The first-ever government study into rush hour train delays for services in the Greater Tokyo region has revealed issues that don’t match up with the image of Japanese punctuality. So what are the issues facing commuter rail in and around Japan’s capital?
Across the sprawling metropolis of Tokyo and its neighbouring prefectures, millions of citizens rely on the rail network to get to and from work every day. More than 100 passenger rail lines serve almost 900 interconnected stations across the city, with annual ridership estimated to be a hefty 13 billion a year.
Efficient railways are not just a symptom of Japanese attitudes towards punctuality, but a necessity. Train drivers are rigorously trained to cover track distances within seconds of an allotted time. Upon arrival, white-gloved station employees perform a series of point-and-call signals to keep things moving with military precision.
Nevertheless, research by the Railway Bureau of the Ministry of Land Infrastructure, Transport and Tourism (MLIT) has revealed that Greater Tokyo’s railways are not infallible. The report found that 29 of 45 lines serving Tokyo experienced morning rush-hour delays on at least ten of 20 working days per month in 2016.
Foreigners making the trips to the Japanese capital are regularly assured that the trains ‘always run on time’. However, the evidence suggests that the most efficient railway in the world is feeling the strain.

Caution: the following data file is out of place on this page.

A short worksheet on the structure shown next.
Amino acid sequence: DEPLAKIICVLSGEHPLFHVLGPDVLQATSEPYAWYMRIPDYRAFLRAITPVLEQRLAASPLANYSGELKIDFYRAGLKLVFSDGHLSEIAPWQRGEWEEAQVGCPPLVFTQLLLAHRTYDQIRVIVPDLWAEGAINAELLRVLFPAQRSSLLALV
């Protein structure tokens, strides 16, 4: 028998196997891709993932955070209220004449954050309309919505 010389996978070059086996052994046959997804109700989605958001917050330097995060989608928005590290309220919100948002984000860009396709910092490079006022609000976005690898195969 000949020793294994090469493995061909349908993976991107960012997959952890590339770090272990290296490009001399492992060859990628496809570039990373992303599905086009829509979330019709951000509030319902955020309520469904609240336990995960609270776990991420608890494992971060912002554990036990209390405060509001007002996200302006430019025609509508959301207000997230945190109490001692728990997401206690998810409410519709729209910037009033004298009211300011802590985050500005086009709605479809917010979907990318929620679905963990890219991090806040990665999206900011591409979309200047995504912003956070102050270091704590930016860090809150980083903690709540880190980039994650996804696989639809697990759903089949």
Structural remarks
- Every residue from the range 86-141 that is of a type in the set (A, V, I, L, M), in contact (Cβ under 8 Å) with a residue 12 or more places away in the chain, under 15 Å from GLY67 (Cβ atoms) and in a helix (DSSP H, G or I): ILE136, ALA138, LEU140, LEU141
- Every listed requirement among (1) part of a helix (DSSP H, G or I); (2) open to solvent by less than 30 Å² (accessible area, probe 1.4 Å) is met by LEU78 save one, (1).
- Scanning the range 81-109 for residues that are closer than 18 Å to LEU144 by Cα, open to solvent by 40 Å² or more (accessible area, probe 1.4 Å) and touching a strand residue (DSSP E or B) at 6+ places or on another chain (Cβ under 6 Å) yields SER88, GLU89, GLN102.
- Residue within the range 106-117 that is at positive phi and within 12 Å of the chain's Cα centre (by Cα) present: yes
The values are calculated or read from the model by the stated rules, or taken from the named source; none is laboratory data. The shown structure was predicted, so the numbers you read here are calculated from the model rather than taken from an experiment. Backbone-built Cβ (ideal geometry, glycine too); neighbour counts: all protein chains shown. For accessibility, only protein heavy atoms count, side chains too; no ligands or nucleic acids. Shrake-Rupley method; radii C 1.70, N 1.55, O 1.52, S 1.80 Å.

Cramming trains with commuters
Congestion and overcrowding are a major issue for Tokyo railways, and it’s not hard to see why. Around 40 million passengers use trains in the region every day, and images of passengers being crammed sardine-like into carriages regularly pop up online.
The Railway Bureau’s report found that most delays on the surveyed lines were minor, coming in at somewhere between five and ten minutes. Passengers attempting to board trains past departure times accounted for 47.2% of these holdups, while 16% were linked to train doors reopening when obstructed.
One of the most delay-prone lines, the JR Chuo-Sobu, experienced rush-hour delays on an average of 19.1 business days per month. On its journey between the Japanese localities of Mitaka and Chiba, the line passes through major residential areas, as well as Akihabara, Tokyo’s bustling electronics hub. It also makes a stop at Shinjuku, which is said to be the busiest train station in the world.